One of the reasons why Japan works so well as a society, and is therefore attractive to foreigners seeking a comfortably-ordered life, is precisely because of the particularistic, anti-meiwaku fussiness with which shopkeepers, bathhouse owners, landlords, etc. go about their business. To ignore these and the many other details that can make life for gaijin here so easy, while focusing relentlessly on the occasional downside, is devious. It is also immature.

Needless to say, the critics also have nothing to say about the good citizens in Hamamatsu and elsewhere who go out of their way to organize friendship societies in a fairly vain effort to help poorer foreign workers (Latin-Americans especially) and students integrate into Japan.

But the decibels rise if some hypersensitive foreigner feels Japanese avoid sitting next to him on trains, though the chances are that said Japanese are simply afraid that said critic will cause them large meiwaku by asking directions in loud and incomprehensible English.

True, there are times when antiforeign sentiment in Japan can turn ugly. But that is usually just the flip side of the instinctive sensitivities that lead so many other Japanese to be unduly pro-gaijin.

Even at its militaristic worst, the Japanese approach to foreigners was ambiguous. Japanese nationalists would vent cruel hatred on other Asians seen as unfriendly. But they would then turn round and embrace those whom they thought were pro-Japan.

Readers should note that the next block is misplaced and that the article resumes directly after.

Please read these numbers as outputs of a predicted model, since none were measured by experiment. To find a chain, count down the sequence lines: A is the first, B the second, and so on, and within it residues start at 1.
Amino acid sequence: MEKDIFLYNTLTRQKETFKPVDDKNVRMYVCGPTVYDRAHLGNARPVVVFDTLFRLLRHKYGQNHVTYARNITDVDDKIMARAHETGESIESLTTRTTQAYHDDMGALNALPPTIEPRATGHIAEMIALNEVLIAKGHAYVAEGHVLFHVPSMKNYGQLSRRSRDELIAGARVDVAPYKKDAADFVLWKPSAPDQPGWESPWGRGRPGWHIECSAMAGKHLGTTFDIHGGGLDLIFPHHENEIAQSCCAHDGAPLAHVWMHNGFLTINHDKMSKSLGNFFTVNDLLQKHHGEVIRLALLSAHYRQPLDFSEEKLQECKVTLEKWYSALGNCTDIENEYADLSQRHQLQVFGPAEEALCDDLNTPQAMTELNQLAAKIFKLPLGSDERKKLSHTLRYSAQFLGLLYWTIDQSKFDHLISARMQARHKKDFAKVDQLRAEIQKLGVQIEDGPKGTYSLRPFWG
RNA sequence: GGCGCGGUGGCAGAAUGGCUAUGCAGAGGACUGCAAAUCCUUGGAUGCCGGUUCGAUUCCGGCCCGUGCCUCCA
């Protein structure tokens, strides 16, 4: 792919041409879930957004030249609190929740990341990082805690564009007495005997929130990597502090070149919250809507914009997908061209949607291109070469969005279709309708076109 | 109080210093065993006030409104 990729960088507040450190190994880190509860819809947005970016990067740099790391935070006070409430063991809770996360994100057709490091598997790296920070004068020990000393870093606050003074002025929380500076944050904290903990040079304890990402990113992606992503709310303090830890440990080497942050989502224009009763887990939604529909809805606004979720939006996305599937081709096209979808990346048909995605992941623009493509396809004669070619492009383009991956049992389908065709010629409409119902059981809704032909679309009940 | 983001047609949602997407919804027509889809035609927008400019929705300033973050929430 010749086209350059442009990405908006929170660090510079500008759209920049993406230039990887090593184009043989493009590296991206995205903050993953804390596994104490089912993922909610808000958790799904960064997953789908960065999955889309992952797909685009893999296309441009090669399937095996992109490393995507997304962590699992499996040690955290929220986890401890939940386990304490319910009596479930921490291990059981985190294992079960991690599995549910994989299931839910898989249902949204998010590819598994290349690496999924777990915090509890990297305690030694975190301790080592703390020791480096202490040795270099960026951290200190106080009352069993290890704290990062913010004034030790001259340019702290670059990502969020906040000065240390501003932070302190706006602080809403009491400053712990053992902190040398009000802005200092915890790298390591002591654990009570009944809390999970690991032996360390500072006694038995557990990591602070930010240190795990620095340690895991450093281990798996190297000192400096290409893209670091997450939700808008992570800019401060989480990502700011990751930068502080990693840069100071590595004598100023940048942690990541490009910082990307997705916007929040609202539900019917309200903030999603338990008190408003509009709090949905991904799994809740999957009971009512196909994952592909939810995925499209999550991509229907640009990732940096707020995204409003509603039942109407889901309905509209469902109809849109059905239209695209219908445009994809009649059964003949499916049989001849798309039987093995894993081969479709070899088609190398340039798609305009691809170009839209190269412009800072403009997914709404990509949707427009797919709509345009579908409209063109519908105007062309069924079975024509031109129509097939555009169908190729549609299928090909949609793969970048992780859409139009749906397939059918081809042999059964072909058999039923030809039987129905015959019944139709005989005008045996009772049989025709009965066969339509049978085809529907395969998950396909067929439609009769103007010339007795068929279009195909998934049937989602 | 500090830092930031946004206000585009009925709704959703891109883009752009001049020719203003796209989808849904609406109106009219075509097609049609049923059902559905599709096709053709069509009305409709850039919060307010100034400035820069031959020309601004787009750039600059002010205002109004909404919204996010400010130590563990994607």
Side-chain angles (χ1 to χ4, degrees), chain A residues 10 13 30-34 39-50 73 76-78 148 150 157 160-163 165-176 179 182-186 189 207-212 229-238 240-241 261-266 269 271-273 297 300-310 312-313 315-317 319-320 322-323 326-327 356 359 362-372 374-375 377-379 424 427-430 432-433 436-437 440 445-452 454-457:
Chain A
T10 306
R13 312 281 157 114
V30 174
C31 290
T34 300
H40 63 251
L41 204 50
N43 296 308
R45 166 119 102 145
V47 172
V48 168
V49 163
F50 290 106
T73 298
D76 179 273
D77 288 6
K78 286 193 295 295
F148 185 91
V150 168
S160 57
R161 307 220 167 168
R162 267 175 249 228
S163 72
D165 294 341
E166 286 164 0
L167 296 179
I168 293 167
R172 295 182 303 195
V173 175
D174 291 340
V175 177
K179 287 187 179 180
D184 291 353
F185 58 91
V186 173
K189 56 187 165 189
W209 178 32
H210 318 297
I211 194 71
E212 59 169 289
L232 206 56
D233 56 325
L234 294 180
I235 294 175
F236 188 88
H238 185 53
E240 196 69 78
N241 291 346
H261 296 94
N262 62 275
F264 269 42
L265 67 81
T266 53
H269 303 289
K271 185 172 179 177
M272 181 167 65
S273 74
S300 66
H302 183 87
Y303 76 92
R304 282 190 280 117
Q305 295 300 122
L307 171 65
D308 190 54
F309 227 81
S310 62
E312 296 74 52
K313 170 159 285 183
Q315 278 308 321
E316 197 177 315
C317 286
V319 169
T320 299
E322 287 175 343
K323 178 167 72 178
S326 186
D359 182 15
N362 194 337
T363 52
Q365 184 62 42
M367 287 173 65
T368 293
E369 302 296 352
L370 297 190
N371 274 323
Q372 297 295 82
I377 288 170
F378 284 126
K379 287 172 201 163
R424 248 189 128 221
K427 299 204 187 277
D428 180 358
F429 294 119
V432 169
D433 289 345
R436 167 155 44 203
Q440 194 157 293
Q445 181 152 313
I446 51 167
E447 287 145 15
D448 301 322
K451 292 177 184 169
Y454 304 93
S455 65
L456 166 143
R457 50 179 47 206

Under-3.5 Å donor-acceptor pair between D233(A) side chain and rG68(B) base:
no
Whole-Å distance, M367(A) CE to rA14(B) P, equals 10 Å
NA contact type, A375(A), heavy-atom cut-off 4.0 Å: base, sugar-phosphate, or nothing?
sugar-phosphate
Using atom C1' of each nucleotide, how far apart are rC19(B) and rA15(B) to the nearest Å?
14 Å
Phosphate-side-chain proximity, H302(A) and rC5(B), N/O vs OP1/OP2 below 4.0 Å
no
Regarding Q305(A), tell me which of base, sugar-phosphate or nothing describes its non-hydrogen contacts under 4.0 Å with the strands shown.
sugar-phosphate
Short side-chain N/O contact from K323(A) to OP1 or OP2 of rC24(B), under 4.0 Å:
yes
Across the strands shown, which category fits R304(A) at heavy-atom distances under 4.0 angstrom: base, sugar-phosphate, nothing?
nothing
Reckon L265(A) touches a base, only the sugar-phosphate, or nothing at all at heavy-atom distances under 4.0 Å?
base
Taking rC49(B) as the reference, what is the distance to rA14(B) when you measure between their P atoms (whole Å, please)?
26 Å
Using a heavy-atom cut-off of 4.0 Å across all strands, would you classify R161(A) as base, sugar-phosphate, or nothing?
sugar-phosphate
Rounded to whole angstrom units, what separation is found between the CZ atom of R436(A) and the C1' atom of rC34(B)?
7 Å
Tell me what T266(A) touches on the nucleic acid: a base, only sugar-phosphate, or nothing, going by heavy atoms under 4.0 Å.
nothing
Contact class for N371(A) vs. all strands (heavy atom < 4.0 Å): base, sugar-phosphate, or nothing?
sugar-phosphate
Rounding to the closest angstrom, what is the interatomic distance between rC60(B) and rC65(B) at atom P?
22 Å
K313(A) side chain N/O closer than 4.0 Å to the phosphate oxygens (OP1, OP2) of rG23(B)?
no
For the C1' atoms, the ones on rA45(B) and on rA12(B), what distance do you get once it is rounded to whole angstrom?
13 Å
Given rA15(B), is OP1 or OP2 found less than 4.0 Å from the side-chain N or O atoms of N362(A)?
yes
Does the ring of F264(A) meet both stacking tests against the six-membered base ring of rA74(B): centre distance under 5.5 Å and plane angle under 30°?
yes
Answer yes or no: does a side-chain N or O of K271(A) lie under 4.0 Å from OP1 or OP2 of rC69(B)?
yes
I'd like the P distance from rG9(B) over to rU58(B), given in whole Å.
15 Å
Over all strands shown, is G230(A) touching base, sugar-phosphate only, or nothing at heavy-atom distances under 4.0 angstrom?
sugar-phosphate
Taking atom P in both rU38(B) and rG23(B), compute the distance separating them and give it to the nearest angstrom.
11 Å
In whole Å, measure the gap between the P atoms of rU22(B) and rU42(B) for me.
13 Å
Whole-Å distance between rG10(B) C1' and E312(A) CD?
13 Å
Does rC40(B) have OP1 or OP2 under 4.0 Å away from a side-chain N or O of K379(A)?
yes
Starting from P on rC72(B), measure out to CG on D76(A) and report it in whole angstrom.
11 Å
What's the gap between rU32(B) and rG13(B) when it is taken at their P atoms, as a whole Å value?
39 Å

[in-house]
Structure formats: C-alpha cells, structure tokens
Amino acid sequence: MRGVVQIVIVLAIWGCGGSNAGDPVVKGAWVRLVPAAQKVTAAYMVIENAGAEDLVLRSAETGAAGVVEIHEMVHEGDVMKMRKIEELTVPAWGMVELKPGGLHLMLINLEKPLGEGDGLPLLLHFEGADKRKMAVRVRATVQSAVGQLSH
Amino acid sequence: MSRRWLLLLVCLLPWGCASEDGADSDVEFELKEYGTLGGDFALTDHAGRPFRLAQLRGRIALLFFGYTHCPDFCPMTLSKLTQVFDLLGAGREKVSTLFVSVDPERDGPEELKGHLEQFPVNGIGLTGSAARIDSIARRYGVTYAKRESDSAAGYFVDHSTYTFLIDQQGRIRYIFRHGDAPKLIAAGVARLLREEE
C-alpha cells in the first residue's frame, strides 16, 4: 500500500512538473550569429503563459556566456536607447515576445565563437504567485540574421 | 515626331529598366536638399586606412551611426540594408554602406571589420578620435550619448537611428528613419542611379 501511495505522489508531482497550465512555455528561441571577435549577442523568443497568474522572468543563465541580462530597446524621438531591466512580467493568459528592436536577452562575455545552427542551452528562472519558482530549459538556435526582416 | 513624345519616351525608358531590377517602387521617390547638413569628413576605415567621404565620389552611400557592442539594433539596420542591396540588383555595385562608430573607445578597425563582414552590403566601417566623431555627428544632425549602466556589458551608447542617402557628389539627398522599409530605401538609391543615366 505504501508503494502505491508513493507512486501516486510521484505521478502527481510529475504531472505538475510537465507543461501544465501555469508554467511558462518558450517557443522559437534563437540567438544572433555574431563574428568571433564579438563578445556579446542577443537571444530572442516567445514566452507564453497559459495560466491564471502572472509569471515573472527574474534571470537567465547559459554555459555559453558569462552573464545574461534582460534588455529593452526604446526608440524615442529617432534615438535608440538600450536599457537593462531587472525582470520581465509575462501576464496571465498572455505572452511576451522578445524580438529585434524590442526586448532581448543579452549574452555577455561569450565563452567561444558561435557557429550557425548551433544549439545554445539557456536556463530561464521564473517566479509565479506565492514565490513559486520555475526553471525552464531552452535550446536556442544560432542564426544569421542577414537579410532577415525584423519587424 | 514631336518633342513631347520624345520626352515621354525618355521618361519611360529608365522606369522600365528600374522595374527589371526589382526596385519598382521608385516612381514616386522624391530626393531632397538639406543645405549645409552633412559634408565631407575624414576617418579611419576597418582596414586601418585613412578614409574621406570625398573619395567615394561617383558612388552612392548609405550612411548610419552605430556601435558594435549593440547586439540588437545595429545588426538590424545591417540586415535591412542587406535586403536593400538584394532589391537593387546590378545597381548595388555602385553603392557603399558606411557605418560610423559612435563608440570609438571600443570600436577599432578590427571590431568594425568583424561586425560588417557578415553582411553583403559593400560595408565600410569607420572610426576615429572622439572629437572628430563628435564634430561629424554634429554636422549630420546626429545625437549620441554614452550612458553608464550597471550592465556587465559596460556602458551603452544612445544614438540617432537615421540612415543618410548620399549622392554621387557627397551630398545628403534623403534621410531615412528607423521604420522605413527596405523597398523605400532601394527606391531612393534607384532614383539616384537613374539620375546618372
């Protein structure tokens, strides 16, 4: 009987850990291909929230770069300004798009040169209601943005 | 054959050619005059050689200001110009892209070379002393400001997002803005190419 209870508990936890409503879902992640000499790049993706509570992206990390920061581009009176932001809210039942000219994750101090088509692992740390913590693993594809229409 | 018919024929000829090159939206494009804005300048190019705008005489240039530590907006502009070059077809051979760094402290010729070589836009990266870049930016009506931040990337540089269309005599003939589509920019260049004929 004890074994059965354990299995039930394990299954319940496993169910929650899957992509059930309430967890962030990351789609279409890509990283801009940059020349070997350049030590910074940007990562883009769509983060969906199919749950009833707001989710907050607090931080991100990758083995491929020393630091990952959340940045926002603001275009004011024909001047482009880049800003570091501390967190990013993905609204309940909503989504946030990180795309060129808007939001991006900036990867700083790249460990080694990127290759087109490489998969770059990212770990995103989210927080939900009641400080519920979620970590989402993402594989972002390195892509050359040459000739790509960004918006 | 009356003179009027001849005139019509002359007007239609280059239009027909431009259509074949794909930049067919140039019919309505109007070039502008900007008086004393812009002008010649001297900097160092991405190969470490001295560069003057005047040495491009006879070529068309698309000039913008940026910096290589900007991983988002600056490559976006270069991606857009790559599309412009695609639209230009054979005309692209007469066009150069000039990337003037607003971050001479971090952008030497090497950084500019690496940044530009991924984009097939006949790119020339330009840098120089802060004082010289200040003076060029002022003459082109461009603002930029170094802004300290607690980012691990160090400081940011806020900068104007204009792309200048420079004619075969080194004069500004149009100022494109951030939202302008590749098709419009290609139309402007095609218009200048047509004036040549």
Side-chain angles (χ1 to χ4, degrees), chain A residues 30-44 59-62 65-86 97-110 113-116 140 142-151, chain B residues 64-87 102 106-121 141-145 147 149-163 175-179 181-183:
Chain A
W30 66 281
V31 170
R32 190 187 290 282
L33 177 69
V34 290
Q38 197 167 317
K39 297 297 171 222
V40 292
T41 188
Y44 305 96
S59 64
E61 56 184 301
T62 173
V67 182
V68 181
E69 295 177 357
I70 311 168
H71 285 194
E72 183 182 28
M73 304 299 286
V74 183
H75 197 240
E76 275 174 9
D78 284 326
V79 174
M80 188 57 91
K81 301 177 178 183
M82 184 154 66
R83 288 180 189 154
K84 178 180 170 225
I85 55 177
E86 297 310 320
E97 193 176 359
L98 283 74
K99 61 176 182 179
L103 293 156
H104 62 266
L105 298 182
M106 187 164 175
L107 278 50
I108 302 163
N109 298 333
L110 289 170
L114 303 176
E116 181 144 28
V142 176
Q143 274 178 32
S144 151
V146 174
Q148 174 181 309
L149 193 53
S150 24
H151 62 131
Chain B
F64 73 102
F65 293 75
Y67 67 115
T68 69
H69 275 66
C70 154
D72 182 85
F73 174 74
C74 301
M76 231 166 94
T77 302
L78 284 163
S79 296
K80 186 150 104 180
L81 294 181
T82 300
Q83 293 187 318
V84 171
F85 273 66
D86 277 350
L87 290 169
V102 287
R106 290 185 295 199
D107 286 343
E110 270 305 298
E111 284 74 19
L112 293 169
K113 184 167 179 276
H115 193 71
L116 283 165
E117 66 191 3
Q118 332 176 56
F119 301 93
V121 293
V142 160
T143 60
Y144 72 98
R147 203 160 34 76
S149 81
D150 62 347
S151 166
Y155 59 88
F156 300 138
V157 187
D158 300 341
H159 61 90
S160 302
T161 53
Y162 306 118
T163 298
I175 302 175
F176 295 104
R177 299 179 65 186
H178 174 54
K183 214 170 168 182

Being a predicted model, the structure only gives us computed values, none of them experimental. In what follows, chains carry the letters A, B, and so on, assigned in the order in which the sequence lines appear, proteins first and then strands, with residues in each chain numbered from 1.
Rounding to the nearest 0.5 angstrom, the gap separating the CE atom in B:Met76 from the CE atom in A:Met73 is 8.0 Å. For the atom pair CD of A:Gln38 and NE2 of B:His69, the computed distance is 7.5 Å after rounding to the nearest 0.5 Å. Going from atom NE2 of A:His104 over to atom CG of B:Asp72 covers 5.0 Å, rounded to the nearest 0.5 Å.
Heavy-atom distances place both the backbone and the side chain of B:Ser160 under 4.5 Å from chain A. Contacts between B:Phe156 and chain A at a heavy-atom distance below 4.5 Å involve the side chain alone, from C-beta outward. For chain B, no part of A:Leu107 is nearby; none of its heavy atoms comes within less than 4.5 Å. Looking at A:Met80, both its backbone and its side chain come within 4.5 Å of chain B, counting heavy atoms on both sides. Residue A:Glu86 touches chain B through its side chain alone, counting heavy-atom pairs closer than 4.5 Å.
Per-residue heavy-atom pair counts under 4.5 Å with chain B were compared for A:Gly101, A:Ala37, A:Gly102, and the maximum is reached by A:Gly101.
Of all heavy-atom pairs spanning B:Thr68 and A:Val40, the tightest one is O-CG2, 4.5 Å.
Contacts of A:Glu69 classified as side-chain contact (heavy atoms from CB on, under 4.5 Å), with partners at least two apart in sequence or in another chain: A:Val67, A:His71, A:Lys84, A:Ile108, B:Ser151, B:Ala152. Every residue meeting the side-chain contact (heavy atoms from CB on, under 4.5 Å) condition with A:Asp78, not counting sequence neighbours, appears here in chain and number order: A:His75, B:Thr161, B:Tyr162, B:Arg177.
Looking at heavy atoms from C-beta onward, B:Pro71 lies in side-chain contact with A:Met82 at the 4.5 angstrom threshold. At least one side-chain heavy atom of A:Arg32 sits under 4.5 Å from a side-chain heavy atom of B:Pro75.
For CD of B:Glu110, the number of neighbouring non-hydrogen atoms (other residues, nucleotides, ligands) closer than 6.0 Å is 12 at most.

They never developed across-the-board racial hatreds seen in our Western societies--not because of any superior virtue, but simply because they lacked our Western ability to turn particular feelings into universal rationales binding for all times and places.

Even at the height of the Japan-German alliance, Japan, unlike Vichy France and other allegedly civilized nations, never saw any need to cooperate with Nazi anti-Jewish hatreds.

Some blacks in Japan complain about discrimination. But many more say they find Japan more open and friendly than some Western societies, where black people are still stereotyped as undesirable, without regard for individual personalities.

Today Western progressives try to fight these across-the-board prejudices by religiously trying to deny any hint of differences between races. Even legitimate mention of such differences, for example that black people make superior athletes, is banned for fear of reviving the rationales that fueled past racism.

But for the Japanese, it is quite natural to note that there are differences between the races--that some foreign people are kakko-ii or likely to observe contracts, while others are more likely to be untidy, pilfer, leave mud on the floor, etc. These attitudes may trample on the principled sensitivities of progressives, but that's their problem, not Japan's.

Japan's uglier discriminations have usually been closer to home--towards the formerly outcast people ("burakumin") and other domestic minorities. Since the discrimination is so instinctive, with no attempt at rationale (another aspect of Japanese values), they are hard to deal with, and progressive Japanese often try to avoid even discussing them for fear of reviving the ugly instincts.